standardized taxonomy (an old node on the thread that occurred while we were in the field)

Karstad-Schueler bckcdb at ISTAR.CA
Sat Sep 12 20:18:47 CDT 1998

> I suggest picking up a copy of Linnaeus's Species Plantarum. There, you
> will find plants grouped into families and orders based not on
> phylogenetic considerations but rather simply on the number of
> stamens and pistils. Linnaeus, knew
> nothing of evolution nor phylogeny. He developed what to him seemed
> a perfectly rational, sensible, scientific system.

* but he knew that some of his groups were more 'natural' (which probably
meant 'supported by multiple characters') than others, and that some of
the flower-parts-count groups were among the least 'natural.'

> Over 100 years later, some other scientists proposed that
> we should use phylogeny rather than arithmetic as the basis for
> grouping species

* Or more precisely, that evolutionists could regard the more 'natural'
groups in the pre-evolutionary classification as descendents of a common
ancestor, so that they took over the Linnean structure, sub-posing their
own theories because they felt that their theories better explained the
classifications than previous numerological or mind-of-God theories had.
And it was partly because the characteristics of the most-natural taxa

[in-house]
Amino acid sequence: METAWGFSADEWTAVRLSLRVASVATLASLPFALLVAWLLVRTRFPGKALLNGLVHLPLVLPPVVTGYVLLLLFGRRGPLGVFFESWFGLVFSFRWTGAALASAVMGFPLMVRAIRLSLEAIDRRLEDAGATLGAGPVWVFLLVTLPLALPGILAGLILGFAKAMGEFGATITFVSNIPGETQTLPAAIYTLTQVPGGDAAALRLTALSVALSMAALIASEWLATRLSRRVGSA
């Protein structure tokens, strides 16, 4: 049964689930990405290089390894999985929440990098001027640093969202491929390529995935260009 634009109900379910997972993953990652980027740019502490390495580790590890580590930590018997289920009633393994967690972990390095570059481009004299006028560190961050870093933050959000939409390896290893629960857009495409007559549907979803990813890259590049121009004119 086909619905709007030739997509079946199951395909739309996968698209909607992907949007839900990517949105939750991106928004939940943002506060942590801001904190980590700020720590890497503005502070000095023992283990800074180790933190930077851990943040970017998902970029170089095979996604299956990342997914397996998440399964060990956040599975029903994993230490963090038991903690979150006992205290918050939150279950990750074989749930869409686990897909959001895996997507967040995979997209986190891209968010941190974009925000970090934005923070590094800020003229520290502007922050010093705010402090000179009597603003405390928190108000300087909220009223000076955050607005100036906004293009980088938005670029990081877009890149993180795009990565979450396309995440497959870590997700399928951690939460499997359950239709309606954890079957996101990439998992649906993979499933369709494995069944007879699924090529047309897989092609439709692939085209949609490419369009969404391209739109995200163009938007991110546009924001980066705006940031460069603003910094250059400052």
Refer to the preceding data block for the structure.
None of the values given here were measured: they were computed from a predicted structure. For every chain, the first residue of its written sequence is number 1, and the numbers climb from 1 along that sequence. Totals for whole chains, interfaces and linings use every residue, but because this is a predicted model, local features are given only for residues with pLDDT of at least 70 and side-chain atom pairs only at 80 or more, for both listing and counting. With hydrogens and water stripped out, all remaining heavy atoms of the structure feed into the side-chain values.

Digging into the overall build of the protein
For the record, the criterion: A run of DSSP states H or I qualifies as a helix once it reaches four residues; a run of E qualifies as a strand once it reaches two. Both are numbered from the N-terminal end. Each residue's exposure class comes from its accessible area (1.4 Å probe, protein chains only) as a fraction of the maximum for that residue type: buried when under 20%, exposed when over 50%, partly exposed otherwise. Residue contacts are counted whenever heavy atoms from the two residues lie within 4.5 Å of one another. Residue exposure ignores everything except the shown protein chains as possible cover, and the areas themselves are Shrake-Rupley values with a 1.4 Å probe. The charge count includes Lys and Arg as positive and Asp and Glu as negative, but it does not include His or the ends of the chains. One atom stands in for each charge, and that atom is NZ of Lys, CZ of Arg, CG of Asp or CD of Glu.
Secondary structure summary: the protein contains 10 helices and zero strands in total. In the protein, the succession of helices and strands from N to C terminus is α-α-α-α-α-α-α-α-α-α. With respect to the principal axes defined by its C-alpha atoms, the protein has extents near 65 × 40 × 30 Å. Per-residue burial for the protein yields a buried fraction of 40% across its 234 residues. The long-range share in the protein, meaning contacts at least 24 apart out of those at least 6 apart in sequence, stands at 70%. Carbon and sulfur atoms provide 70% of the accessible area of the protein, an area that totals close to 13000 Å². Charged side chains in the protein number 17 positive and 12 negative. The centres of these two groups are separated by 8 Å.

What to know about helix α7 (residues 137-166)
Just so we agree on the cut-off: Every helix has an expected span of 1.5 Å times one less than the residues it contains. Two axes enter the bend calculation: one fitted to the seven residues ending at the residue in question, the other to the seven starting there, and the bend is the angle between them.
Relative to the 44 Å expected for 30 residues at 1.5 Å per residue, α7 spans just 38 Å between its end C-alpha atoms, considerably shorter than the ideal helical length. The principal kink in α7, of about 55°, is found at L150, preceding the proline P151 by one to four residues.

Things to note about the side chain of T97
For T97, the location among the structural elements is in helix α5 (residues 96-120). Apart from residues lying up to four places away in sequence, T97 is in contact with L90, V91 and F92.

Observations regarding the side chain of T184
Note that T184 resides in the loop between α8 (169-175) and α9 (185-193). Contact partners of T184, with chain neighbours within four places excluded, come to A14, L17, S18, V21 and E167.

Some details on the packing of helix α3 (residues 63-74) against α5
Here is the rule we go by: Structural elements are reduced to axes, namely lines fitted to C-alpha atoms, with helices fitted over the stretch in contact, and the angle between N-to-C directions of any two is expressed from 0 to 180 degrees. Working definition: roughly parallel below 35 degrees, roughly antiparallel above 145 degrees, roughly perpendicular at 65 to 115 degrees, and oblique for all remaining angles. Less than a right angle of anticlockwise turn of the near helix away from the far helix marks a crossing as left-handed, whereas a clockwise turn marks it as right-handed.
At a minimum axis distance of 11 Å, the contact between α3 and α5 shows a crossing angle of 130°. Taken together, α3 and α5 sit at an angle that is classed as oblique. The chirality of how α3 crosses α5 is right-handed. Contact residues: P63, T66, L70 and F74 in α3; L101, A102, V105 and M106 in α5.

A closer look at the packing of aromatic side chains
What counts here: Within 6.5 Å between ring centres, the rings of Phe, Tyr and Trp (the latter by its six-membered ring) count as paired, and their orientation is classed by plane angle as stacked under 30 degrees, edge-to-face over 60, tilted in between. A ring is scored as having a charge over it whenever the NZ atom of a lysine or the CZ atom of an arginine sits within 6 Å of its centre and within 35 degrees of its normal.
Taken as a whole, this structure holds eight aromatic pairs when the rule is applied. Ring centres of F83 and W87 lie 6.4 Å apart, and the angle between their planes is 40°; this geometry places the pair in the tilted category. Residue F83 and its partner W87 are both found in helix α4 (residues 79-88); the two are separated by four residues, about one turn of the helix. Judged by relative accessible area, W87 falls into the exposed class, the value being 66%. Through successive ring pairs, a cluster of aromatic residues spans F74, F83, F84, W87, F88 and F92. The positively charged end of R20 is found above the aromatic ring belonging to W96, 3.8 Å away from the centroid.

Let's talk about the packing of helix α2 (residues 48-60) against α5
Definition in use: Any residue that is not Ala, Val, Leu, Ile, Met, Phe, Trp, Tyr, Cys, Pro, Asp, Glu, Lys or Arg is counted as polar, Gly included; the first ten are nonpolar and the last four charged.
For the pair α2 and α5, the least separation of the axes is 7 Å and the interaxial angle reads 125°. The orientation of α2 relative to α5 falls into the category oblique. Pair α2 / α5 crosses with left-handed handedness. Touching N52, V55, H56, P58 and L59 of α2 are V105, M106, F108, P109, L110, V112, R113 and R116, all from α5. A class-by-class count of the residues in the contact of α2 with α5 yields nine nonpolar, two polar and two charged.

suggested descent-with-whatever-modification that evolutionists had

More recently, paraphyletic groups became the ugly ducklings that
parts-count or numerologically-forced groups were in the early 19th
century, and classification has been taken over by new criteria (strict
monophyly) of what the taxa should mean. Again, the groups regarded as
'most natural' had turned out to be strictly monophyletic, and this led
cladists to propose that all taxa be formed on this model.

> You say that accepting Liguliflorae would be "wrong."
> It is wrong because it violates the human-generated criteria which
> you have been taught by other humans.

* but those criteria for 'wrong' have undergone the same kind of
winnowing as ways of judging 'good' orbital mechanics underwent in the
Copernicus-Kepler-Newton-Einstein sequence in the 'easy' sciences.
There's a whole body of theory that underlies the criteria for a
maximally 'natural' group at any time or in the mind of any systematist.

fred schueler,
         Eastern    Ontario    Biodiversity    Museum
                Grenville Co, Ontario, Canada
(RR#2 Oxford Station, K0G 1T0) (613)258-3107   bckcdb at

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